Employers are the same and act in the same way. They advertise exactly what they are looking for in the job postings. They cast critical eyes over the applications they receive to determine who on paper best meets what they want. They meet with those they are considering selecting to confirm what they want to know and in the end they make their selection based on who comes off as the most desirable.

Your chances go up significantly if you put in the required effort to market yourself to meeting the needs of the organizations you wish to work for. It may sound like a lot of time and effort to adapt to the needs of each employer but actually this approach is the one which will result in being hired sooner rather than later.

So are you a Granny Smith or Delicious?

Empowerment


One thing I try to do for those I help with finding, maintaining or exploring employment opportunities is give them the gift of empowerment. Whether that’s mine to give in the first place I acknowledge could be a point of irony as it turns out for some readers.

However that aside, it’s empowerment that’s up for discussion and pondering. Empowerment is less about what you can do for someone and more about what you can help them learn to do for themselves. This is usually accomplished by sharing skills, supporting the person through their first attempts and weaning yourself off as a dependency. Eventually the person gets to the point where they master the skill or skills you’ve shared and they can readily call upon them themselves with confidence and critically, competence.

Now of course, not everybody wants to be empowered. If you stop and think about this, you will possibly be able to think of situations in which you yourself would rather employ and pay for the services someone else has mastered rather than invest the time, energy and money required to gain the skill. Need help thinking of some? You may take your car in to change over your tires from All – seasons to Winter and back again rather than doing it yourself. You might call in a Plumber, an Electrician or a Painter when their services are required. For even though you could do a little research and learn how to change your tires yourself, get advice at a paint store or learn how to install that new kitchen faucet yourself, many leave the jobs to the professionals.

And how often does the Plumber or the Mechanic call you over and ask if you’d like to watch them work and they’ll tell you how to do this yourself in the future? Probably never; they’d eventually lose many of their customers and might lose their own incomes.

It seems to me however, that when it comes to job searching, writing resumes and cover letters and going to job interviews, that many people who haven’t mastered these skills tend to think they have nonetheless. I couldn’t tell you the number of times someone puts a poorly written document in my hands and does so feeling I’ll give it a passing grade.

There are really two kinds of people who I help in the end; the ones who say, “Just do it for me”, and those that are really interested in knowing the reasons behind my suggestions because they are sincerely invested in wanting to be able to produce good documents on their own. And what makes a good document? One that gets results often, not just once for every 50 handed out. That too is interesting; when someone defends with attitude the poor resume they have which got them to the interview stage once back in 2004. Sometimes it’s best to tell someone you’re available if they open themselves up to your help, do it for them and leave it for now.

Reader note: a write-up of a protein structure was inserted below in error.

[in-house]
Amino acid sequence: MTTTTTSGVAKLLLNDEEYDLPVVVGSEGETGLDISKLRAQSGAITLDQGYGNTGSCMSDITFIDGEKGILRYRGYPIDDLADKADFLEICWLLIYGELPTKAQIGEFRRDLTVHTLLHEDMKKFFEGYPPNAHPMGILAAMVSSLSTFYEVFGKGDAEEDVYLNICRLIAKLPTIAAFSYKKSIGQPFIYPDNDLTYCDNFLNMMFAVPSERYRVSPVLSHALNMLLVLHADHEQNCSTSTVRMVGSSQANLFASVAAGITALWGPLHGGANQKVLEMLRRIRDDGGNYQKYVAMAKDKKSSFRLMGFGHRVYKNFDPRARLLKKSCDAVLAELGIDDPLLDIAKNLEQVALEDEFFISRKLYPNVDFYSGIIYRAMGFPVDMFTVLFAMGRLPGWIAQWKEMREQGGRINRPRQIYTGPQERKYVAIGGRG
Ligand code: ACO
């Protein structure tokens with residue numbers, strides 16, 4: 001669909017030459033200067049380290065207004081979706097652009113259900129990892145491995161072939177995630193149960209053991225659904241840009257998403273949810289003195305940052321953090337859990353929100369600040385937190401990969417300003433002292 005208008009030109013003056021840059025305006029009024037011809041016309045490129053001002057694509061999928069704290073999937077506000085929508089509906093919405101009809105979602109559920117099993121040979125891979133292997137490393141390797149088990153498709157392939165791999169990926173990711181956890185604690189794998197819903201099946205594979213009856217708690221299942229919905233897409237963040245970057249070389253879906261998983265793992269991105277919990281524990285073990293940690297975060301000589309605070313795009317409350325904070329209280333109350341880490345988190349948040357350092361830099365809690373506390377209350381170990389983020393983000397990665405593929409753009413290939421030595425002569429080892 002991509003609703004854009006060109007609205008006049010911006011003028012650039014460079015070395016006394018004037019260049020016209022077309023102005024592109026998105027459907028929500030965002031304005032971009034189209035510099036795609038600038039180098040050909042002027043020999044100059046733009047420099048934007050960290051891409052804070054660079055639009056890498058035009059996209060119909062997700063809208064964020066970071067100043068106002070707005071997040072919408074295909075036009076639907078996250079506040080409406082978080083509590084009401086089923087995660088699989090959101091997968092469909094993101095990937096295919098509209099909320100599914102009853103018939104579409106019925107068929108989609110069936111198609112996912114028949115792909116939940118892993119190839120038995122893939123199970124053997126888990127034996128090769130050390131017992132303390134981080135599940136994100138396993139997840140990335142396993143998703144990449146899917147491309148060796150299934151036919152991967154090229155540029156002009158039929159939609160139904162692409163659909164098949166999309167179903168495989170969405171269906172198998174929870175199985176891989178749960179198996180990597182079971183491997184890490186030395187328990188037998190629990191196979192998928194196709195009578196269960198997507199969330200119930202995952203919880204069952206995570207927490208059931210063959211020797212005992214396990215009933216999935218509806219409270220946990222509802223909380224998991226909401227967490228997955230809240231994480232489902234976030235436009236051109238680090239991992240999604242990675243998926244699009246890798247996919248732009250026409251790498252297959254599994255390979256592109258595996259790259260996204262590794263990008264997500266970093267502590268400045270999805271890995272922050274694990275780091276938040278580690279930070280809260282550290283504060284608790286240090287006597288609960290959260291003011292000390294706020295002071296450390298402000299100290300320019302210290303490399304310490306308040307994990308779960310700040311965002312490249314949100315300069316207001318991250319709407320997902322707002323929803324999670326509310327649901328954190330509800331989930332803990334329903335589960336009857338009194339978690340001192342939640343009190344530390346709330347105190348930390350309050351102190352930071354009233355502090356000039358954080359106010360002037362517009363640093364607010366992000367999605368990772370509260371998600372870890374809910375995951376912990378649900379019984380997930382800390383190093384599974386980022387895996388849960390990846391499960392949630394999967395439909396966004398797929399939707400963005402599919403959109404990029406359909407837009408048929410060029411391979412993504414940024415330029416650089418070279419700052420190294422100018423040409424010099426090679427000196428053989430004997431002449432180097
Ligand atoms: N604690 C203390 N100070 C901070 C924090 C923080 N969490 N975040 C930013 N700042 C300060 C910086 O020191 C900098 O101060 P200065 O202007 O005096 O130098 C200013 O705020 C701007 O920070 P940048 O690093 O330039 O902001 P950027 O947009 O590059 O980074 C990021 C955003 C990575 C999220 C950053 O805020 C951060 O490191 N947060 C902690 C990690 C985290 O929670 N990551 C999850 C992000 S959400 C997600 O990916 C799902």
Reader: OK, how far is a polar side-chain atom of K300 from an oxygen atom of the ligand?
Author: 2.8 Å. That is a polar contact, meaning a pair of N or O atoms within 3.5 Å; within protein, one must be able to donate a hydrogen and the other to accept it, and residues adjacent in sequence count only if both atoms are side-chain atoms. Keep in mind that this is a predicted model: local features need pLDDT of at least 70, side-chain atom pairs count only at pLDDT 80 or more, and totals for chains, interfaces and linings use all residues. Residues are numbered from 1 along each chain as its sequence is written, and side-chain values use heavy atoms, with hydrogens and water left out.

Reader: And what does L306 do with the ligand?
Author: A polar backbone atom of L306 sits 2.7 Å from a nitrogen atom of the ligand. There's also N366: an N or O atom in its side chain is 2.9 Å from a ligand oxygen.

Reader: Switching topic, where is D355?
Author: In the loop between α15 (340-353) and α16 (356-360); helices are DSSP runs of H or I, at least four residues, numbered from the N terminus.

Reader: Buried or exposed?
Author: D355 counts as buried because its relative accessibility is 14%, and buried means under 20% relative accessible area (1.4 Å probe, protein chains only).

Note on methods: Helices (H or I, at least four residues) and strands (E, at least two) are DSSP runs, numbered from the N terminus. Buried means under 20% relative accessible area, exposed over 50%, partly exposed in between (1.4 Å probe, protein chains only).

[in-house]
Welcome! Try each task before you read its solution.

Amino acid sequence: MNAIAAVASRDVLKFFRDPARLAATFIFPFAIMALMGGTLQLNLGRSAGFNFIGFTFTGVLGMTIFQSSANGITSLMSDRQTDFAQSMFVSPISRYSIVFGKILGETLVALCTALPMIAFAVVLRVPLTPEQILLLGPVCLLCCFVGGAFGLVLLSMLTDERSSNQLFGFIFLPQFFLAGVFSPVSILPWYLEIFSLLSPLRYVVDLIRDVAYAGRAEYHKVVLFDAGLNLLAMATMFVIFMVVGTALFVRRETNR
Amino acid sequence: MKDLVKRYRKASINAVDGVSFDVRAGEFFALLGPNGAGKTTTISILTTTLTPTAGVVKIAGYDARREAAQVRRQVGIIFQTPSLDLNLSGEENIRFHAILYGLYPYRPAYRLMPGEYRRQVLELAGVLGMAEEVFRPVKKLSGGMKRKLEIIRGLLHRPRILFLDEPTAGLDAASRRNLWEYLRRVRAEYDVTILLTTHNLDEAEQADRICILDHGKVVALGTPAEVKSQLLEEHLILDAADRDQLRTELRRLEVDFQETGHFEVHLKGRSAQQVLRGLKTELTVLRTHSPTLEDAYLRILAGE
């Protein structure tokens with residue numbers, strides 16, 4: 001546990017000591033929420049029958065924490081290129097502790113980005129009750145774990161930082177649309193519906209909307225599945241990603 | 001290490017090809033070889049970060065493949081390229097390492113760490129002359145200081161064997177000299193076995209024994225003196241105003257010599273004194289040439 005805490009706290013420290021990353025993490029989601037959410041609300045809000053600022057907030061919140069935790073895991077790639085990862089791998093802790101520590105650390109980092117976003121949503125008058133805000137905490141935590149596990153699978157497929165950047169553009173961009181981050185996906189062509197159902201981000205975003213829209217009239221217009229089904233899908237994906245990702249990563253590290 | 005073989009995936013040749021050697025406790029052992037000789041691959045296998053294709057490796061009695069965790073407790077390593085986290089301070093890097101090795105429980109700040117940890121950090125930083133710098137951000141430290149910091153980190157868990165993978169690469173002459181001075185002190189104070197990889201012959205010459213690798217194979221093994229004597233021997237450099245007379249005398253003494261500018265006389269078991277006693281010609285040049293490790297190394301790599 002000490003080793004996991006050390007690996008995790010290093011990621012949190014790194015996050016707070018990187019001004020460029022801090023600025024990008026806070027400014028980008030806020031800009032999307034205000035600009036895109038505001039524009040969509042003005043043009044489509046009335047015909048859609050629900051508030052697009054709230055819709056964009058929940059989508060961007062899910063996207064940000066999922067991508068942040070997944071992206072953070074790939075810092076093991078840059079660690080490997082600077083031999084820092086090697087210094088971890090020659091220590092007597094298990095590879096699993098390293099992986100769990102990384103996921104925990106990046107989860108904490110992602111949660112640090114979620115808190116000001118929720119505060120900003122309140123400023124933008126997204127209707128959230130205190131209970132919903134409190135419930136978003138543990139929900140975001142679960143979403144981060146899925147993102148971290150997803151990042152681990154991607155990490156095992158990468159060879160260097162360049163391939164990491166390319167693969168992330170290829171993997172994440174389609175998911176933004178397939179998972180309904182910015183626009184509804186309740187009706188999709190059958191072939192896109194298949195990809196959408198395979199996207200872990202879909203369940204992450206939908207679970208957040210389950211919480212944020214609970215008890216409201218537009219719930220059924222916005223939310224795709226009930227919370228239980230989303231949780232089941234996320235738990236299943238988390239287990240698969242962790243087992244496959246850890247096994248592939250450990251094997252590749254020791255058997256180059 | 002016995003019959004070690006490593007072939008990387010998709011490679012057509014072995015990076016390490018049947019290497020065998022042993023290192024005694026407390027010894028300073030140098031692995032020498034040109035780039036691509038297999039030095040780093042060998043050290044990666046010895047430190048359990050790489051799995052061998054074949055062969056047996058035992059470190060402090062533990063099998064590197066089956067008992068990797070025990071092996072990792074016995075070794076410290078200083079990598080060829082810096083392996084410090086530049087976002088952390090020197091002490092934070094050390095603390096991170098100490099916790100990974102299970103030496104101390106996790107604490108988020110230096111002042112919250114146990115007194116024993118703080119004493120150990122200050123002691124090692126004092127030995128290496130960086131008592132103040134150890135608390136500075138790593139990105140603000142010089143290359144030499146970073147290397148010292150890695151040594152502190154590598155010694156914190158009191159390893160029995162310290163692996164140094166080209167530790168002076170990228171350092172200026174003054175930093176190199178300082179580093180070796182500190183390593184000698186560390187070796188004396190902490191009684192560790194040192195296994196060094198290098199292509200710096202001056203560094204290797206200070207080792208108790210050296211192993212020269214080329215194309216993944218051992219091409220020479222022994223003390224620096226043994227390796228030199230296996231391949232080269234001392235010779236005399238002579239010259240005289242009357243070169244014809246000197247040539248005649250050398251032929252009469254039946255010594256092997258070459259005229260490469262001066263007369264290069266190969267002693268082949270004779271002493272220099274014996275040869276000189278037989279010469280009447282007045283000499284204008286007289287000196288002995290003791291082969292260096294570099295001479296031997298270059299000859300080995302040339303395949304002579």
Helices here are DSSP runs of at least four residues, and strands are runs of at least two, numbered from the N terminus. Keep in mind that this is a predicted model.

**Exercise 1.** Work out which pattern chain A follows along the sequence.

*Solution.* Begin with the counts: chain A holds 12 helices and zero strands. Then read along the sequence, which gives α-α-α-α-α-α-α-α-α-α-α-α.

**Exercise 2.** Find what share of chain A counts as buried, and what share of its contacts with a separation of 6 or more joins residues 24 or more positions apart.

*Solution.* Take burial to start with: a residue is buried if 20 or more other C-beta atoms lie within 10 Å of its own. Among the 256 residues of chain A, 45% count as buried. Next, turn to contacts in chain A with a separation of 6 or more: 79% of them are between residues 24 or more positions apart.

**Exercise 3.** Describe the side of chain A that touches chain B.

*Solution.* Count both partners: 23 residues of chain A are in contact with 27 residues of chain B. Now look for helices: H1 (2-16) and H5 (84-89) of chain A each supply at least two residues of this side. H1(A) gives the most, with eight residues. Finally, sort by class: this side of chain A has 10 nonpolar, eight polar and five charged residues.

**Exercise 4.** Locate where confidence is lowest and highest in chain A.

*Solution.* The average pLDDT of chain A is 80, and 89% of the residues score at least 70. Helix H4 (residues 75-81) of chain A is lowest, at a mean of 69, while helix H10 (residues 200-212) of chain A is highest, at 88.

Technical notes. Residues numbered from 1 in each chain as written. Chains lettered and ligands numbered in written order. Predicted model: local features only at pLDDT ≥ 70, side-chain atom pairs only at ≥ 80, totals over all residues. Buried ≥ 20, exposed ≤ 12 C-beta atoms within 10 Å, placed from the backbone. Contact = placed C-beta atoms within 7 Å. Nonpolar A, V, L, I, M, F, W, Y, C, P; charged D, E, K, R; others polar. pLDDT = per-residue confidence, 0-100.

So what’s in it for me personally when I’m consistently the Employment Counsellor where I work who always takes the longest when working with someone? It’s true of course. Sit the entire team down, each lending a hand to craft a resume and I’ll take the longest every time; you could win money if you bet on that; it’s just how I work. Don’t get me wrong by the way about my peers; good people and they get results too.

I derive happiness out of passing on the knowledge I have and so whenever I’m assisting someone, not only is my brain occupied in the resume construction but it’s also acutely engaged in passing on what I know to the extent the person themselves is both interested and able to take in. After all, even the most invested person can have other things on their mind and only be able to retain so much at one sitting.

My goal as stated earlier is to empower the person to the point where they can make the modifications necessary when targeting their resume to multiple jobs – jobs that may have the exact same job title by the way. As for job interviews, my goal is to help label a persons skills who may not recognize them for what they are, give them some structure to follow so their words use skill-based language and best market their strengths.

Eventually, the bittersweet moment comes when someone knows enough that they no longer need help. I mean it’s obviously the main goal and this is a moment of great personal satisfaction for me as well as them; I’m thrilled for them. Selfishly though, yes there is a part of me that thinks back and really enjoyed all those moments along the way when they internalized and mastered one skill that made learning the next possible.

Empowerment isn’t for everybody when it comes to job searching. Many remain dependent on others to do the work for them and they may get lucky at an early job interview or it may take many interviews to eventually succeed. When a person is receptive to learning, hopefully they seek out the right person to share what they know.

Now what about you? If you’re looking for work, know whether you want to be empowered or not and sharing this with whomever you approach for help is an excellent beginning.